PNC is proud to partner with the Ladies Professional Golf Association to celebrate family and recognize players for their achievements. The year-long campaigns featuring #PNCCelebrateFamily and #PNCAchiever will also include a series of events bringing female leaders and influencers together with LPGA leadership. PNC and the LPGA share common values that reflect a deep appreciation for family and a continuous pursuit of personal accomplishment.
There’s a bond that connects the Jutanugarn family – and not just because they’re blood. We all know siblings or relatives that want nothing to do with each other.
This is not that family.
On the eve of the Masters Tournament, Ariya Jutanugarn is in Augusta. She’s attending the annual dinner hosted by the Golf Writers Association of America to accept the Female Player of the Year honors bestowed on her by the media in recognition of her history making 2016 season. Jutanugarn’s two biggest cheerleaders, her older sister who also plays on the LPGA Tour, Moriya, and their mother, who goes by the nickname of Apple, were positioned right where they are every week – by Ariya’s side.
“We’re too close,” Ariya says laughing about her sister. “We’re really close. Growing up together we practice together every time. I’m really lucky to have her beside me on Tour.”
I’m seated next to Ariya during the dinner. As the family converses in Thai, smiling and giggling and sharing images on their phone, I sit clueless, wondering what sort of jokes they’re sharing. There’s a feeling of comfort and protectiveness as they tend to each other’s needs and begin navigating through the evening’s three-course meal. Apple travels with her daughters each week on Tour and tries to help in any way she can. Her ability to speak English is limited, but her eyes say it all. They convey a warmth that shows the love and pride she has for her two girls.
“She does a really good job being a mom,” said Moriya. “She tries to prepare things for us and she’s never been like a coach or anything, but she always supports us.”
Ariya is nervous about her acceptance speech, but Moriya is reassuring as Ariya pulls out her folded paper and begins eyeing her prepared remarks – in English.
When it comes time for Ariya to take to the podium, the anticipation among them is palpable. With cell phones aimed and ready, they both record each and every moment.
Ariya begins her remarks with a thank you to Mr. Palmer - it’s a common thread that runs through the evening with the King’s absence felt by many in the room. She continues by describing the shoulder injury she suffered in 2013 when she felt her dreams of playing on the LPGA Tour were no longer in reach, but says she never lost faith. She ended by thanking her family for their support.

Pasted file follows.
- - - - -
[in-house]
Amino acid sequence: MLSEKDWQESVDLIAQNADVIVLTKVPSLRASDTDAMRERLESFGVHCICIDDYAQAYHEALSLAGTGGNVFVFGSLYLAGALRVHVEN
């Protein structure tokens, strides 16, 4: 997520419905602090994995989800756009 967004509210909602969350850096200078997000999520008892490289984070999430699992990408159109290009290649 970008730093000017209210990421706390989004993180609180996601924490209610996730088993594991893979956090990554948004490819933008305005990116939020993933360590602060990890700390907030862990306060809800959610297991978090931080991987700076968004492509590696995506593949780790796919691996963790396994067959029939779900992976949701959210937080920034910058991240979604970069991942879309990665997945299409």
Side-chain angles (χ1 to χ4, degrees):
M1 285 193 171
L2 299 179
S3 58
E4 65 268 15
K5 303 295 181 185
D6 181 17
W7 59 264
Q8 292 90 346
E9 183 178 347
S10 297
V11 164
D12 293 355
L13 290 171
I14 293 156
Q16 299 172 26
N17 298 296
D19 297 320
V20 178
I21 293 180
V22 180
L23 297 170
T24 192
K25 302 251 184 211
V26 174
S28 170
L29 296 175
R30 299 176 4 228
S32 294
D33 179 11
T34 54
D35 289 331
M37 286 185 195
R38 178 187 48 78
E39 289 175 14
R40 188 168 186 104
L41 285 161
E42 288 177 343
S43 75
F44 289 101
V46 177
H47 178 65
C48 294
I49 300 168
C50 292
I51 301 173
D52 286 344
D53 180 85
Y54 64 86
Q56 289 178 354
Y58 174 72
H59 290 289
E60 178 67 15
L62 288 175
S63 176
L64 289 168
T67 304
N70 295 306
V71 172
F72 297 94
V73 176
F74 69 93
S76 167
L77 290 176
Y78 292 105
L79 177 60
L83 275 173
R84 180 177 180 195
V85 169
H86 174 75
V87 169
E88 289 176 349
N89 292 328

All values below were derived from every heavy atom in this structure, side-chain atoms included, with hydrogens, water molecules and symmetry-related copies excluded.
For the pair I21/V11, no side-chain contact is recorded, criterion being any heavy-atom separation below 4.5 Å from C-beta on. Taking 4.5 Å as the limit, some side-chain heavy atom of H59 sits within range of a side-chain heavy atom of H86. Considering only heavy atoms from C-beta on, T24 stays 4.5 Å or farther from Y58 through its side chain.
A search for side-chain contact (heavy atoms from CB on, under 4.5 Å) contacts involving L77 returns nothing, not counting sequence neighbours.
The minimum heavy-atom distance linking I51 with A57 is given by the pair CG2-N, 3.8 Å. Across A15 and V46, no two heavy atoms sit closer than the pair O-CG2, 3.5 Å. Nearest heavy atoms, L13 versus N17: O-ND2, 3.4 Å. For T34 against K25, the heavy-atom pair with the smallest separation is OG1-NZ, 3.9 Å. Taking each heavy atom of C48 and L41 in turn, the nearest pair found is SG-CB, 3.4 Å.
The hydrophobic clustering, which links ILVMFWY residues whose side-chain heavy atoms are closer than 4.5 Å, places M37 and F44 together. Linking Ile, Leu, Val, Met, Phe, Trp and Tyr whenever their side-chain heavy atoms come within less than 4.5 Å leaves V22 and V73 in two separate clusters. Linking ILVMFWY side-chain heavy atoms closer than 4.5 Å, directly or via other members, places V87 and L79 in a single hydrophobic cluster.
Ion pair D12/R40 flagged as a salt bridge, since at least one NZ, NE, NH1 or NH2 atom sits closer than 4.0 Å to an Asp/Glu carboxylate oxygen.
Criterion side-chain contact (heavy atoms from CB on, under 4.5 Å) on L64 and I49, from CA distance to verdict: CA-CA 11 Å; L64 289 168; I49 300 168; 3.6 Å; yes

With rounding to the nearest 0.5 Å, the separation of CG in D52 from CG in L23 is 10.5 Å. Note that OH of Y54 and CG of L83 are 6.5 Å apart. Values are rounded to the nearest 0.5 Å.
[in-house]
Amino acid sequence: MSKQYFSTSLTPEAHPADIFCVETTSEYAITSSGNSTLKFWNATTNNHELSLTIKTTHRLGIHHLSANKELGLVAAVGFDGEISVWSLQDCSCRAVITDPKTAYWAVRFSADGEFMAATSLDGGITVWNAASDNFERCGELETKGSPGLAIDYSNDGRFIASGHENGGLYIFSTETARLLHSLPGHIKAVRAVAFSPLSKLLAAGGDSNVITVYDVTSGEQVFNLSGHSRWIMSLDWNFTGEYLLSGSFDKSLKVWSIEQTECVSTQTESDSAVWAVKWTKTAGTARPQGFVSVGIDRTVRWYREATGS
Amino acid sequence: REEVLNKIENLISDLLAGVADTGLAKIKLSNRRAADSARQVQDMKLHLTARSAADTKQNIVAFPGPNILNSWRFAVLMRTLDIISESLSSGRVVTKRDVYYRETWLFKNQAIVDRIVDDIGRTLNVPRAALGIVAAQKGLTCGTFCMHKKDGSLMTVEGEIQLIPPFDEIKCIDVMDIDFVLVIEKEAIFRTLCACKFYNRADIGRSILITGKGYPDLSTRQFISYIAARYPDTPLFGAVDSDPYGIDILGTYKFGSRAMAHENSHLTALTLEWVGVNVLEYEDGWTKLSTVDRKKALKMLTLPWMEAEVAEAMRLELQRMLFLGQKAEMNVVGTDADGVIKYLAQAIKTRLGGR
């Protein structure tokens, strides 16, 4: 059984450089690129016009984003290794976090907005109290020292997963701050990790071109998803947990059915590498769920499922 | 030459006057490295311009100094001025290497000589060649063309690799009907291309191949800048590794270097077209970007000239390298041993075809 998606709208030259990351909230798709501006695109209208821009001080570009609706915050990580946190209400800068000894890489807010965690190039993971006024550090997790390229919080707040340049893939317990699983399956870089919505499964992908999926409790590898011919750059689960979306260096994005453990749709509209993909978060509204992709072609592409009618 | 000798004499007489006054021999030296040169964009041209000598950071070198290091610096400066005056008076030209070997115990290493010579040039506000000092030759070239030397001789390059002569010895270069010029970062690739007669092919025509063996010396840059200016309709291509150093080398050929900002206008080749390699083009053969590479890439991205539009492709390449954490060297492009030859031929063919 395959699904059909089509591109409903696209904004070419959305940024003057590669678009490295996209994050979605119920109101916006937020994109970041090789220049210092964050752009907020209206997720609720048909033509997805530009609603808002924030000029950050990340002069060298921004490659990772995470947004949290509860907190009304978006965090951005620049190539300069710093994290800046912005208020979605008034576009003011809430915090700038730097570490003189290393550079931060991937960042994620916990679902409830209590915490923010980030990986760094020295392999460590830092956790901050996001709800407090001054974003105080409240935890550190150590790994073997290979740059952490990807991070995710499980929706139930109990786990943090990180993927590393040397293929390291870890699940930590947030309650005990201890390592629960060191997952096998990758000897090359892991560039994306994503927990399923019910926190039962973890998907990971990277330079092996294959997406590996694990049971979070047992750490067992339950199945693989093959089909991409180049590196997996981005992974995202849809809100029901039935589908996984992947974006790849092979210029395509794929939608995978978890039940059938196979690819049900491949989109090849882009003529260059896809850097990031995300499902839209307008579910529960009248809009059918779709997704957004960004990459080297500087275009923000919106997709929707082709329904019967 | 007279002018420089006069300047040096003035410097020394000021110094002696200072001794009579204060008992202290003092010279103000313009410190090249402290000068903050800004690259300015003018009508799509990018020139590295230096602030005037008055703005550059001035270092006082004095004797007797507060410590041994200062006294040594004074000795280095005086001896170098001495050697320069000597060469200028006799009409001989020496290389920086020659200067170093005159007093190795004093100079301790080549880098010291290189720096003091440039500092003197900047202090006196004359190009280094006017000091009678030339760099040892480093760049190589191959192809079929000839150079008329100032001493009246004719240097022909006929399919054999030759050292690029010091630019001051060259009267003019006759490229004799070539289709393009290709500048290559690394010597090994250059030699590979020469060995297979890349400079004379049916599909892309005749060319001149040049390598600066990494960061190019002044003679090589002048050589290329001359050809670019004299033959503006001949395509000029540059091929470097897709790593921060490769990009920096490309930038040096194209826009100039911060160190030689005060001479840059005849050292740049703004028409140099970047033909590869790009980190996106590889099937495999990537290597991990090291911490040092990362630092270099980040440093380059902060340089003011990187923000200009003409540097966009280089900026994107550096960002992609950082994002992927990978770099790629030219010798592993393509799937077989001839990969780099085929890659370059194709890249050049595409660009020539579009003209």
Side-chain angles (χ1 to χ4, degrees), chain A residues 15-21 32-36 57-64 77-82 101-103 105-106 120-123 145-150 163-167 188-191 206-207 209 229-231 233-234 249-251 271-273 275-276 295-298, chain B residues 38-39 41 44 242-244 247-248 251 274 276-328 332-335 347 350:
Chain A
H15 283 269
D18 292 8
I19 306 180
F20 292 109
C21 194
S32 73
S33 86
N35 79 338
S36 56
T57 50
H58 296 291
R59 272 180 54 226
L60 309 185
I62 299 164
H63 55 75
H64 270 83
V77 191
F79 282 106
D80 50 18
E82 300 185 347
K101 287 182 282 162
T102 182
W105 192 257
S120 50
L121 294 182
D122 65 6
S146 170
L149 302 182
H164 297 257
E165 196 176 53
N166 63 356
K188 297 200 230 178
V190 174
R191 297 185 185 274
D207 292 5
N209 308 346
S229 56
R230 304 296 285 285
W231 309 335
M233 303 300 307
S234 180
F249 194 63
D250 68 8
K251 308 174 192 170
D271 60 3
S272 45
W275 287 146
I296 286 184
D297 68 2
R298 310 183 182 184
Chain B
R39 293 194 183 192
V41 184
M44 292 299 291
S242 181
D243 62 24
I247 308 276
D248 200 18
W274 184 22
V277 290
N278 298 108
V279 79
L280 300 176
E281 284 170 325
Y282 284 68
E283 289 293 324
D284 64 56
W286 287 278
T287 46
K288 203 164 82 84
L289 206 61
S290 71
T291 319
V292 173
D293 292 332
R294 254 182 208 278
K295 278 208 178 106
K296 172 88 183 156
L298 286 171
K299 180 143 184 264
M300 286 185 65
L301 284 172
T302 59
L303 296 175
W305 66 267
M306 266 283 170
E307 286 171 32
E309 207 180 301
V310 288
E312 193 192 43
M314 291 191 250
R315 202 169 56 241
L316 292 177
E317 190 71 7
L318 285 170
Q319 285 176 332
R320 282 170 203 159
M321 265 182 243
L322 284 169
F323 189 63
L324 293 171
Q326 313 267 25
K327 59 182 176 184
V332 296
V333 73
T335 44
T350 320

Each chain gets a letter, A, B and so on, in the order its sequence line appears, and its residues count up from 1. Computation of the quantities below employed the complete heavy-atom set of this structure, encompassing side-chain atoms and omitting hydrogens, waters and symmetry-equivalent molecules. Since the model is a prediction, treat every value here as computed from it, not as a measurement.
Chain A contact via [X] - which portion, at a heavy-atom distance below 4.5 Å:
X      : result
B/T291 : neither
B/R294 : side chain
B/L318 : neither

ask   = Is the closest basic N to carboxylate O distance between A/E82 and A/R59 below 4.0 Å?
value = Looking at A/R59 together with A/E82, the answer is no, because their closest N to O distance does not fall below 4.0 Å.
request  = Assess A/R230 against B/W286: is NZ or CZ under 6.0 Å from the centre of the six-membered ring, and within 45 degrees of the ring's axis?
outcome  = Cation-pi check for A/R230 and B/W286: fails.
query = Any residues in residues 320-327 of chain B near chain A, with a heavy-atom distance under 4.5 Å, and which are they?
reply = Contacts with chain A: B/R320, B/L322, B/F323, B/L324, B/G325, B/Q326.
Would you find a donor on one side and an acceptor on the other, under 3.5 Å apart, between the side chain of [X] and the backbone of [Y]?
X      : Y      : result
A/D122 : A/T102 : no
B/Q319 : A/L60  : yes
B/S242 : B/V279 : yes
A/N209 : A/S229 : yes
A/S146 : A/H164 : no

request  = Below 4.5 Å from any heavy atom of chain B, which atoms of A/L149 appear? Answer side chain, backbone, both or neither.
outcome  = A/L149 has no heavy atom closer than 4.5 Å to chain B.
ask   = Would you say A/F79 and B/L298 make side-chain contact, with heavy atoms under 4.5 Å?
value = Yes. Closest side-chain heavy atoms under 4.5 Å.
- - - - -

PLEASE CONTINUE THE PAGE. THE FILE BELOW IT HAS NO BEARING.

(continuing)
“I would say we’re more than just sisters,” Moriya says. “She’s the one that knows me the best.”
They took up the game at the same time, Moriya at age 7 and Ariya at age 5. Their father, who purchased a local golf shop in Thailand, kept the girls entertained with golf clubs. That’s how they were introduced to the game. Moriya was the first to join the LPGA Tour in 2013, followed by Ariya in 2015. For two years Moriya was on her own, she had a lot to learn about building a schedule and figuring out which courses best suited her game. She passed along those lessons to her sister once she joined her on the road.
“She’s my best friend on Tour and it was really nice to have her because she has a different personality than me,” Moriya says. “We’re a good match.”
Moriya nags her younger sister to get out and do things with her, but Ariya would rather hang around in bed, watching movies - just one of many differences between the two.
“We fight about what we’re going to eat and what movie we want to watch,” said Ariya. “We can fight with everything, sometimes it’s nothing to fight about but we can still fight.”
It’s a friendly rivalry that extends to the course, where the two often put something on the line during off weeks practicing together back home in Orlando. Dinner is usually the prize.
“I beat her a few times. She beat me a few times,” Ariya says laughing. “We eat Thai all the time. My sister cooks. My mom cleans. I eat. That’s our job.”
Back in Augusta, her speech now complete, Ariya is able to relax. The family sticks around till the end of the evening, listening to speeches given by members of the media as well as Ben Crenshaw and Stewart Cink who were honored with awards of their own. Both take time to recognize Ariya for what she accomplished last season.
A platter of mini desserts arrives at our table. We all ooh and aah. Moriya is the first to leap. How can Ariya resist? She eventually caves after the rest of us have selected a treat.
It’s a sweet ending to what has been an incredible year for Ariya – a five time winner, first time major champion and Player of the Year – all made possible by the unwavering encouragement of her family.
“I’m really happy no matter how I play. I feel like they’re really close to me and they’re with me everywhere,” says Ariya. “They give me great support. No matter what happens in my life I’m still going to have them.”
And they will have her.